All of my Love. Karac’s song.
Songs with back stories hold a special fascination for me. “All of my love’ has a unique mystique that I always wondered about, only recently learning its meaning. The voice of a grieving father, two years after his sons death.
In 77, as Led Zepellin were making their way out of Oakland, the band members made their separate ways to the next stop on the itinerary, a planned appearance in New Orleans. Shortly after arriving in the city, Robert Plant received the devastating news about his son. Half a world away and helpless to join his son during his confusing final moments.
“The first phone call said his son was sick,” said tour manager Richard Cole, describing a fateful pair of calls from Plant’s wife. “And the second phone call, unfortunately, Karac had died in that time.”
“Karac was the apple of Robert’s eye; they idolized one another,” said Plant’s father in an Associated Press report announcing the immediate cancellation of the tour. Searching for answers about the sudden illness, Plant retreated home, taking comfort from his wife Maureen and daughter Carmen while Zeppelin went on hold.
“After the death of my son Karac in 1977, I received a lot of support from [Bonham], and I went through the mill because the media turned on the whole thing and made it even worse. I had to look after my family and at that time, as we regrouped, I applied to take a job at a Rudolph Steiner training college in Sussex. I wanted to just get out of it – to go away and forget it.”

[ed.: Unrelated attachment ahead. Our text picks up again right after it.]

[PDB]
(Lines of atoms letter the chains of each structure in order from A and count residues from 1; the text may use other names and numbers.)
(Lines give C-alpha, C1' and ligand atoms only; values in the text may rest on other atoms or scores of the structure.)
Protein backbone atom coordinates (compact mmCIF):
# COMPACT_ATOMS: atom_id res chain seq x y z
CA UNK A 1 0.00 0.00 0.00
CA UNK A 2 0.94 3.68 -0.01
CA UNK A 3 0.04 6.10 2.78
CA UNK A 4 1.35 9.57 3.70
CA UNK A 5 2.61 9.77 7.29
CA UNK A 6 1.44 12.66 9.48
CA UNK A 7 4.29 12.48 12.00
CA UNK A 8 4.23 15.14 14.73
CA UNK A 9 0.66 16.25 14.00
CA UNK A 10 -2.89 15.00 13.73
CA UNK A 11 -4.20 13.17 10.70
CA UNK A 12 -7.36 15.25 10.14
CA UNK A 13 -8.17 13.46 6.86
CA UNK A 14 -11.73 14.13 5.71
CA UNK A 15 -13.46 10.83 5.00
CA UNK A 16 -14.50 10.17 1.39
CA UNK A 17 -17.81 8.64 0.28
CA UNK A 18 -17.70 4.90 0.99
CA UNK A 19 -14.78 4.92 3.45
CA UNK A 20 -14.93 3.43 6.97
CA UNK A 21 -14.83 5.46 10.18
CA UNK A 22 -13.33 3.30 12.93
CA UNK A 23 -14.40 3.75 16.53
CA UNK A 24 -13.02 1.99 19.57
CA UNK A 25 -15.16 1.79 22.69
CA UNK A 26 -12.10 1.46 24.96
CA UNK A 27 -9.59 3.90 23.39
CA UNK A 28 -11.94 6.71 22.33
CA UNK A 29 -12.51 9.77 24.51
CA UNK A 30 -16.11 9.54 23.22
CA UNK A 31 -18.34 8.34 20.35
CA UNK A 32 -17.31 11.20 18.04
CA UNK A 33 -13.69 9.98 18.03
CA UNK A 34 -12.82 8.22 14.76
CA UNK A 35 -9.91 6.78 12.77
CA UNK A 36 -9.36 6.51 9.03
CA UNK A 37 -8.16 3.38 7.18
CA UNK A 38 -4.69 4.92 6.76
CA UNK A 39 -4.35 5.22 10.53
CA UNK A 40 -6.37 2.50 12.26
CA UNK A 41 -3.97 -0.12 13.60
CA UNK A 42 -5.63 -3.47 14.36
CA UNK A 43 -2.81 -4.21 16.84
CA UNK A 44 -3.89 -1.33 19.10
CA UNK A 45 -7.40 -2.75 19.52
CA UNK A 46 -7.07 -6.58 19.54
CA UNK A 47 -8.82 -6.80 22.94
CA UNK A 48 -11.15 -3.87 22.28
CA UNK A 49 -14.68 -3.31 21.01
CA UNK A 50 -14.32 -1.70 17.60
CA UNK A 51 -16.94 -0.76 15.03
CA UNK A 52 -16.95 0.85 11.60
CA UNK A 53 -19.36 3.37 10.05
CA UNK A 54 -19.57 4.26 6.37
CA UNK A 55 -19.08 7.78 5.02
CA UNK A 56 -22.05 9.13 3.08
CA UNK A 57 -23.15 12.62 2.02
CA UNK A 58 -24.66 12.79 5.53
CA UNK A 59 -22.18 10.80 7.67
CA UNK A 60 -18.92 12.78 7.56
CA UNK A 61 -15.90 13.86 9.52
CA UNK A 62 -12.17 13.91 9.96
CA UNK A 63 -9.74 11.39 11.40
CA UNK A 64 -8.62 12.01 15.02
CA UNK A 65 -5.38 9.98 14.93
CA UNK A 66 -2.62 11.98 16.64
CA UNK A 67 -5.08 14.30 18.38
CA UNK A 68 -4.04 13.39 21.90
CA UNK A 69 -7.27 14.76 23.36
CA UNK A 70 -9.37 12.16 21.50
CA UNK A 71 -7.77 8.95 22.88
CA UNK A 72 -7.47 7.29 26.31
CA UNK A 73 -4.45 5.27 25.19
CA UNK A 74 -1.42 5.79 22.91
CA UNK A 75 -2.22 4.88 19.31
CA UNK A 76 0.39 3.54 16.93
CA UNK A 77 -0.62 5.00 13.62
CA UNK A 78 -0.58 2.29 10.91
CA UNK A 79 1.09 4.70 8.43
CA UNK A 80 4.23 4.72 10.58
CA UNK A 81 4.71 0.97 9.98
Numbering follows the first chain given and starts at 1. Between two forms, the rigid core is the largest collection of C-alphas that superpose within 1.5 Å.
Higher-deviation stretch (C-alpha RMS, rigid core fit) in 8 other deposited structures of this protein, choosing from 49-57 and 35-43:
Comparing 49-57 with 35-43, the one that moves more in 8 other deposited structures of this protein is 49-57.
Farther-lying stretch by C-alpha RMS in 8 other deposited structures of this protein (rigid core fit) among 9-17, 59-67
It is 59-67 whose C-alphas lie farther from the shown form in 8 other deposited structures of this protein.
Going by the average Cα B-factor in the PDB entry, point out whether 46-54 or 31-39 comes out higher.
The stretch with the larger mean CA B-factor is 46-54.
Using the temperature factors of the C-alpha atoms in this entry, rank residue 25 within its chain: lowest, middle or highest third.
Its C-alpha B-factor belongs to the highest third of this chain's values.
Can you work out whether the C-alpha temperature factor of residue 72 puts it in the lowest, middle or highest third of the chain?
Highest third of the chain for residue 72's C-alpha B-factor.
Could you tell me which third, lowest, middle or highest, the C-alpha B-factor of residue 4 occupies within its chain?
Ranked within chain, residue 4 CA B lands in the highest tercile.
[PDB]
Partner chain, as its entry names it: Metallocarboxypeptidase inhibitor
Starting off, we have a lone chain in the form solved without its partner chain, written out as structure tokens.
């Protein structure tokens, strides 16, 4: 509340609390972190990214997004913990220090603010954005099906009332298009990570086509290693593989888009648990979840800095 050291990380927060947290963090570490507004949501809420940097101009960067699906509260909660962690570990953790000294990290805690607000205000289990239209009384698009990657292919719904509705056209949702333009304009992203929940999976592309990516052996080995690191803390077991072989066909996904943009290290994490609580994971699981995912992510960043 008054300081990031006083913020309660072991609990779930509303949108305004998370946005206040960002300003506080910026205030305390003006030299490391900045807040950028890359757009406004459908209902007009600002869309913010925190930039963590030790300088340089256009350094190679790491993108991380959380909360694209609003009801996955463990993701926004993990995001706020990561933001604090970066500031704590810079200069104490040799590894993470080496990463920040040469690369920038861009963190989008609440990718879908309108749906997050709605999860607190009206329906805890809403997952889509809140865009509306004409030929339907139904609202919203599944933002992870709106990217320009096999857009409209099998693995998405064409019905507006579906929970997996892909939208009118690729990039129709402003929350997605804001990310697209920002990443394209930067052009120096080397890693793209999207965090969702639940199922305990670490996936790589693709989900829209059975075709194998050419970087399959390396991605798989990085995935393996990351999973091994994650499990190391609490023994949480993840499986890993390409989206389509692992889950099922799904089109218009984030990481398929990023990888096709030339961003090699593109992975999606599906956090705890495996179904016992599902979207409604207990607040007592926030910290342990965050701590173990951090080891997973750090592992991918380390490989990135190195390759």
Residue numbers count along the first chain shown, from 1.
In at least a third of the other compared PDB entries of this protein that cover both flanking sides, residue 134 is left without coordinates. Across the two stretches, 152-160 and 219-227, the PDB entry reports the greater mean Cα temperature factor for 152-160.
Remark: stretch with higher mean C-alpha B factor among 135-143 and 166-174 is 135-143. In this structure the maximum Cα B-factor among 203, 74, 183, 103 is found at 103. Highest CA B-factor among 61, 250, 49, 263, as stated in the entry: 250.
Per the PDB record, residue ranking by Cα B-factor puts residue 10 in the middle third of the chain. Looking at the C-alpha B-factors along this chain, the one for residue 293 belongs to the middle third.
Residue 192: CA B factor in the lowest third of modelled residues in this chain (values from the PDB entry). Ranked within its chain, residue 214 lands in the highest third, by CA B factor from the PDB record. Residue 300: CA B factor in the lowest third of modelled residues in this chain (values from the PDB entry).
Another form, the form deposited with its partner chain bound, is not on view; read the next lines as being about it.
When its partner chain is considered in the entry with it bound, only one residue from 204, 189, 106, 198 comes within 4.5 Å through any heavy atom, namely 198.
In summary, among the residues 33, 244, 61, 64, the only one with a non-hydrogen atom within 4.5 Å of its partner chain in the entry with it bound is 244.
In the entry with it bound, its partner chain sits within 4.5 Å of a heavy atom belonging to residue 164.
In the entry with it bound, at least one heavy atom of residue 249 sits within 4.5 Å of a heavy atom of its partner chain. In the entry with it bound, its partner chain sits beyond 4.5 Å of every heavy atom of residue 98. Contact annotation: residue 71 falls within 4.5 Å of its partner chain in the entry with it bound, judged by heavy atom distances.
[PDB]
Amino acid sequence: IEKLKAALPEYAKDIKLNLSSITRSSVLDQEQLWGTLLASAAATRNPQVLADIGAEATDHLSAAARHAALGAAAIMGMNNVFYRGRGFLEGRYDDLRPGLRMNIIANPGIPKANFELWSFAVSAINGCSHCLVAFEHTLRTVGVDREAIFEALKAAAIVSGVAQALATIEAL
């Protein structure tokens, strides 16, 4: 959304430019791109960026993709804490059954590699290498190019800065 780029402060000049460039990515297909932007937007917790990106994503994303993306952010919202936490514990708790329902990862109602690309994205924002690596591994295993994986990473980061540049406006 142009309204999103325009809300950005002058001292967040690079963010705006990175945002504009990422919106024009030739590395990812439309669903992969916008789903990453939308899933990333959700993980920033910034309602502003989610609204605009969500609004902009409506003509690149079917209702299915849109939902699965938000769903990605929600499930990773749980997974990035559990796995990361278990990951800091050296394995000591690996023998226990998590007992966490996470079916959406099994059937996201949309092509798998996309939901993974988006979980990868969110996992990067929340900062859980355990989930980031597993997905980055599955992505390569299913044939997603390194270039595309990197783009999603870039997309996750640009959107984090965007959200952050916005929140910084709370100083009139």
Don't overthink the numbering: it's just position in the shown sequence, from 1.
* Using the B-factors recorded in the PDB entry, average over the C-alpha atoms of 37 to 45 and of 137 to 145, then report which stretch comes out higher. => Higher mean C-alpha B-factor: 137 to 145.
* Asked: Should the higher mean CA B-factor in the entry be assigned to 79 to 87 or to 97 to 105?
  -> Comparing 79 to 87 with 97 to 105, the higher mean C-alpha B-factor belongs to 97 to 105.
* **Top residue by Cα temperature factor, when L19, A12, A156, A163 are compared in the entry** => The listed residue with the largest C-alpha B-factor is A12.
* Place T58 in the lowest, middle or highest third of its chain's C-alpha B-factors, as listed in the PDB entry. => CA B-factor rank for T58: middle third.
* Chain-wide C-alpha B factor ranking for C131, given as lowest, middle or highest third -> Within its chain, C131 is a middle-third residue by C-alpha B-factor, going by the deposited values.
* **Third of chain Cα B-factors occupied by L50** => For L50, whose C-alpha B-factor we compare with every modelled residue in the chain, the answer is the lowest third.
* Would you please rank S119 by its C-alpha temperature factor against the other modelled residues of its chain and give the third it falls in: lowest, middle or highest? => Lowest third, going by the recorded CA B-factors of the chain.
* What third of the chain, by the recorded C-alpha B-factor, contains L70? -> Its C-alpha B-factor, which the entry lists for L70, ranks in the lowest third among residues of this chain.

In a separate talk with Rolling Stone, Plant said “I lost my boy. I didn’t want to be in Led Zeppelin. I wanted to be with my family.” He also later claimed to have quit all of his chemical habits cold turkey. “I stopped taking everything on the same day,” Plant added. “The most important thing to me is my family and when I got off my face, I found it difficult to be all things to the people that meant a lot to me.”
Plant was quite serious, at least for a time, about pursuing a new career in education too. Admitting that “it’s not something that we, as a family, have been able to get over yet,” he told GQ in 2011 that “our family had always been close to the Rudolf Steiner Waldorf education in the West Midlands and I just liked the way it all worked.
“I just thought there was something far more honest and wholesome about just digging in and putting the ego away in the closet. Because no matter what we say, entertainers are usually quite insecure, wobbly characters underneath – and maybe that bit of glory or that bit of expression or whatever it is compensates in some area. But I thought I should be rid of it. … Sometimes I still feel like that.”
“during the absolute darkest times of my life when I lost my boy and my family was in disarray, it was Bonzo who came to me. The other guys were [from] the South [of England] and didn’t have the same type of social etiquette that we have up here in the North that could actually bridge that uncomfortable chasm with all the sensitivities required … to console.”
Shortly after 1979’s In Through the Out Door, and the song ‘All of my love’ Page wrote for his son, Bonham’s sudden death on Sept. 25, 1980 ended the band as a creative unit once and for all.
All of my love:
Should I fall out of love, my fire in the light
To chase a feather in the wind
Within the glow that weaves a cloak of delight
There moves a thread that has no end
For many hours and days that pass ever soon
The tides have caused the flame to dim
At last the arm is straight, the hand to the loom
Is this to end or just begin?
All of my love, all of my love
All of my love to you
All of my love, all of my love
Oh, all of my love to you, now
The cup is raised, the toast is made yet again
One voice is clear above the din
Proud Arianne one word, my will to sustain
For me, the cloth once more to spin